I promoted the BBC show The Century of the Self in my last post.

Today I was invited to complete a ten minute on-line survey evaluating my local hospital.  It’s being rebuilt and the architect is now considering the interior, and they wanted to know what I, and others of course, thought of the interior as it’s been.

I was given a list of adjectives – calm, unsettling, agitating, peaceful, like that.

Part of me thought well, it’s a hospital so yes, a bit unsettling when I’ve been there, but through the questions I saw what they could do, since now, it’s being re-done, to make it a more peaceful, calming, and supportive experience.

I’m glad the survey was anonymous and on-line since in person I might not have been so critical and direct.  I remembered back to a freshman psychology class at UCLA where one requirement was to participate in experiments.  I learned how we want to fit in, so we will tend to agree with the group, or at least be influenced by it, unless perhaps we are an 8 on the Enneagram, the Challenger.

Of course I’d never heard of The Enneagram at the time.  I’m said to be a 2.  Relationship is a priority with me.

Anyway, The Century of the Self emphasizes corporate, and now political emphasis, on using focus groups as to how to lead and direct us in a certain way.

Thinking about it, I recalled one focus group I participated in.  About 16 subscribers to Ode magazine, now called The Intelligent Optimist, gathered in a room in a high-rise building in San Francisco. There was a see-through mirror on one side and a leader in the room.  We were there to discuss how to keep Ode magazine alive.  They needed advertising.  What would we discerning, obviously intelligent, environmentally conscious readers consider acceptable?  

It became a bit of a rout as each person seemed to want to outclass the other as to how little they consumed, and how amazingly superior they were in the way of conservation and preservation.  Advertising couldn’t reach us because we needed nothing. We were immune to ads and suggestion. I can feel the energy of self-righteousness even now and this was many years ago.

You would have thought we all walked there in foot coverings made of bark.  I had taken the ferry but my shoes were leather.  Oh, my!  

The Century of the Self ends with Robert Reich speaking.  He says we need a leader.  Governments can’t be run by the whim of the moment.  A focus group may say railroads aren’t the most important thing to them, and then, the railroad breaks down, and yes, it is.

We need a wider vision, a compassionate vision that honors that, yes, of course, we are all individuals, and we are in this together on one planet which is stretching its wings as we look out to the moon, Mars, Venus, and the stars.

On another note, Dan Coats points out in an opinion piece today that we have to ensure this election is fair.  Too much has happened for most of us to trust the process.  He suggests:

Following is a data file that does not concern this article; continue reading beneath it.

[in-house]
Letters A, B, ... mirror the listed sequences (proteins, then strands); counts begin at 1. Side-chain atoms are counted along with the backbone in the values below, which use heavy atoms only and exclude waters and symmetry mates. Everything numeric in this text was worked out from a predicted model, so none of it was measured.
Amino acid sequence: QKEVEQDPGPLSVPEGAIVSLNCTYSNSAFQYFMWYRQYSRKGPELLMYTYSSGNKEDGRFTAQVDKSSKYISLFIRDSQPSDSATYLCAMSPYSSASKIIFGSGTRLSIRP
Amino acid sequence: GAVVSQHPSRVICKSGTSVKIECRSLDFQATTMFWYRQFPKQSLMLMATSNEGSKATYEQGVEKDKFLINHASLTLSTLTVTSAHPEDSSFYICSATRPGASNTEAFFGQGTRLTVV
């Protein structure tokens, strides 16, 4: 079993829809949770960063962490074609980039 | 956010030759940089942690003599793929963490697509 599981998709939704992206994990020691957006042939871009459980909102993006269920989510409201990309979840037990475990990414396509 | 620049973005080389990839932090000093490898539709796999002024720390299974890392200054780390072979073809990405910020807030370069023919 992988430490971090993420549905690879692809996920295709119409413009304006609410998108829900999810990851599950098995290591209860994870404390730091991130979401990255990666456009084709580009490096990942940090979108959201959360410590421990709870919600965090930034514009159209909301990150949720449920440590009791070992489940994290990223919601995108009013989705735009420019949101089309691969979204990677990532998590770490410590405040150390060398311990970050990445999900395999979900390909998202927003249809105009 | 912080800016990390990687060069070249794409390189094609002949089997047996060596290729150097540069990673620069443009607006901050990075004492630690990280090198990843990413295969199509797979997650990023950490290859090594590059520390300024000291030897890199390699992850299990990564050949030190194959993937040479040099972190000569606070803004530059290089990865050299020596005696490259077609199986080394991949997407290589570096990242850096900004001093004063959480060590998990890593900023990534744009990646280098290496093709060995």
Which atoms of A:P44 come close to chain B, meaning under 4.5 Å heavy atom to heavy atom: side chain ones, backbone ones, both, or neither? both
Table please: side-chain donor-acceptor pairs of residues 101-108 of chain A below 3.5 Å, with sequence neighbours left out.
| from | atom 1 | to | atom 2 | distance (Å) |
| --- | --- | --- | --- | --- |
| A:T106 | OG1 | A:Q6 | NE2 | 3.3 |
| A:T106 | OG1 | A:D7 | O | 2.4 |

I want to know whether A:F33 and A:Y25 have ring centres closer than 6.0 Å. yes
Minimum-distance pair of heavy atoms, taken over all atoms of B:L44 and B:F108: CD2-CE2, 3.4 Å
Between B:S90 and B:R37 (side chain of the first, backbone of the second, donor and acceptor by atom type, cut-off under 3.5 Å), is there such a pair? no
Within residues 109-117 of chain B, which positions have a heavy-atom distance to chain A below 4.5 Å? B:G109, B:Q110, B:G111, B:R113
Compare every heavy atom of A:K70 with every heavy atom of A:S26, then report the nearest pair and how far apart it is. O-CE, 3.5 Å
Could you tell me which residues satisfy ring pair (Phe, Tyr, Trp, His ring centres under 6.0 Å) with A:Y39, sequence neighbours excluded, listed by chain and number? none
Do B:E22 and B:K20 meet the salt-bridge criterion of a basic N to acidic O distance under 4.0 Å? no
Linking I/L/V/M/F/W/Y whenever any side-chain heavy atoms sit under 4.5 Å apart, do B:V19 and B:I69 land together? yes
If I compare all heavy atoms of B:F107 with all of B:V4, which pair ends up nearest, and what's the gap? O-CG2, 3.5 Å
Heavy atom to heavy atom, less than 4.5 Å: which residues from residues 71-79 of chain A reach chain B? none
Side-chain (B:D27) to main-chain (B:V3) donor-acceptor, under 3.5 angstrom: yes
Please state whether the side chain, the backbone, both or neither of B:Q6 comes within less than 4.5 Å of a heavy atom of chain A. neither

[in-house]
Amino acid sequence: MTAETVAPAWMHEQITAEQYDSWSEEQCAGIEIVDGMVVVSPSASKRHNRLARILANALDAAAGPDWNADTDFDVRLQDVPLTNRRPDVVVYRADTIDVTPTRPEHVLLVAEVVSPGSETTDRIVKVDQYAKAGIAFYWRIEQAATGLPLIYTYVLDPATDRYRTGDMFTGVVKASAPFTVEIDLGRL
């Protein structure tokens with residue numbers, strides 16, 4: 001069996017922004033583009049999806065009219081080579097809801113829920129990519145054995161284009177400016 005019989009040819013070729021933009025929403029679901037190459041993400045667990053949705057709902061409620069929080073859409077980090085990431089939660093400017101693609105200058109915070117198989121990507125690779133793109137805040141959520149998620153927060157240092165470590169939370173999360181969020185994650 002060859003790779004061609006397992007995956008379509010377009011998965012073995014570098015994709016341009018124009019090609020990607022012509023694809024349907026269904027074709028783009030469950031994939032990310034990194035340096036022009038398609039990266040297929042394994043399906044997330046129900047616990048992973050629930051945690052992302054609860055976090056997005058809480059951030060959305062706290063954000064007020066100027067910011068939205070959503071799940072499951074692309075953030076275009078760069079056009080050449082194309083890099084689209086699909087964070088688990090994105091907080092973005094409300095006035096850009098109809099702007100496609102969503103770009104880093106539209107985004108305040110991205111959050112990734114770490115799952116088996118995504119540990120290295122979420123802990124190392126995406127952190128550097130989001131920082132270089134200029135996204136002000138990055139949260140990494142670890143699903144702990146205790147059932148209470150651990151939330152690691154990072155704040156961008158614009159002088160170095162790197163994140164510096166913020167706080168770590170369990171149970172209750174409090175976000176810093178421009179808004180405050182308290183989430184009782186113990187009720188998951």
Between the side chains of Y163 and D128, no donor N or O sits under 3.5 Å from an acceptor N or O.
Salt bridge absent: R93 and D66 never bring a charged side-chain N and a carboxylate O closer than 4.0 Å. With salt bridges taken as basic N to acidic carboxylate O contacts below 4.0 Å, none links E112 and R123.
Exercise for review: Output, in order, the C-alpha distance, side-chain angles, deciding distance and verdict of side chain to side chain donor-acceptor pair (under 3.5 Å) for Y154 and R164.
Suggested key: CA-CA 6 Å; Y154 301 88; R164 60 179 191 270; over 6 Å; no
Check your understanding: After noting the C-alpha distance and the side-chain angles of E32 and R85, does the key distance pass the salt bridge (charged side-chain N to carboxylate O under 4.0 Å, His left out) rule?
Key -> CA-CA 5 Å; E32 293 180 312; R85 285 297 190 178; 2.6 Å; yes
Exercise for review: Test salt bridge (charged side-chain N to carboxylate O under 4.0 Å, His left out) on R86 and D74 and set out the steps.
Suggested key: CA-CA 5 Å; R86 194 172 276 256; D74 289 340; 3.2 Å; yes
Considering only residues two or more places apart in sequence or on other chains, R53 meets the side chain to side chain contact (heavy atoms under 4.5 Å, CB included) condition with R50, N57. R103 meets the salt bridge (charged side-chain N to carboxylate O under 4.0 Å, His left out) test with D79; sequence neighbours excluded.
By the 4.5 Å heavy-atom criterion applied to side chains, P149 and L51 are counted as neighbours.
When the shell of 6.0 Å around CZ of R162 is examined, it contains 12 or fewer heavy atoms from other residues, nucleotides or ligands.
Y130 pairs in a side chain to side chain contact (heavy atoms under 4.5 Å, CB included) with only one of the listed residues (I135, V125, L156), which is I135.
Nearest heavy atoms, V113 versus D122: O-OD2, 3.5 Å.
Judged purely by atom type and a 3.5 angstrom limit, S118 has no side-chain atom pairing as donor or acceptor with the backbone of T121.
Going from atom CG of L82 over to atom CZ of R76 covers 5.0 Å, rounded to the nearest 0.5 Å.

The most important part of an effective response is to finally, at long last, forge a genuinely bipartisan effort to save our democracy, rejecting the vicious partisanship that has disabled and destabilized government for too long. If we cannot find common ground now, on this core issue at the very heart of our endangered system, we never will.

Our key goal should be reassurance. We must firmly, unambiguously reassure all Americans that their vote will be counted, that it will matter, that the people’s will expressed through their votes will not be questioned and will be respected and accepted. I propose that Congress creates a new mechanism to help accomplish this purpose. It should create a supremely high-level bipartisan and nonpartisan commission to oversee the election. This commission would not circumvent existing electoral reporting systems or those that tabulate, evaluate or certify the results. But it would monitor those mechanisms and confirm for the public that the laws and regulations governing them have been scrupulously and expeditiously followed — or that violations have been exposed and dealt with — without political prejudice and without regard to political interests of either party.

Also, this commission would be responsible for monitoring those forces that seek to harm our electoral system through interference, fraud, disinformation or other distortions. These would be exposed to the American people in a timely manner and referred to appropriate law enforcement agencies and national security entities.

Such a commission must be composed of national leaders personally committed — by oath — to put partisan politics aside even in the midst of an electoral contest of such importance. They would accept as a personal moral responsibility to put the integrity and fairness of the election process above everything else, making public reassurance their goal.

Commission members undertaking this high, historic responsibility should come from both parties and could include congressional leaders, current and former governors, “elder statespersons,” former national security leaders, perhaps the former Supreme Court justices David Souter and Anthony Kennedy, and business leaders from social media companies.

The whole column is here: https://www.nytimes.com/2020/09/17/opinion/2020-election-voting.html?action=click&module=Opinion&pgtype=Homepage

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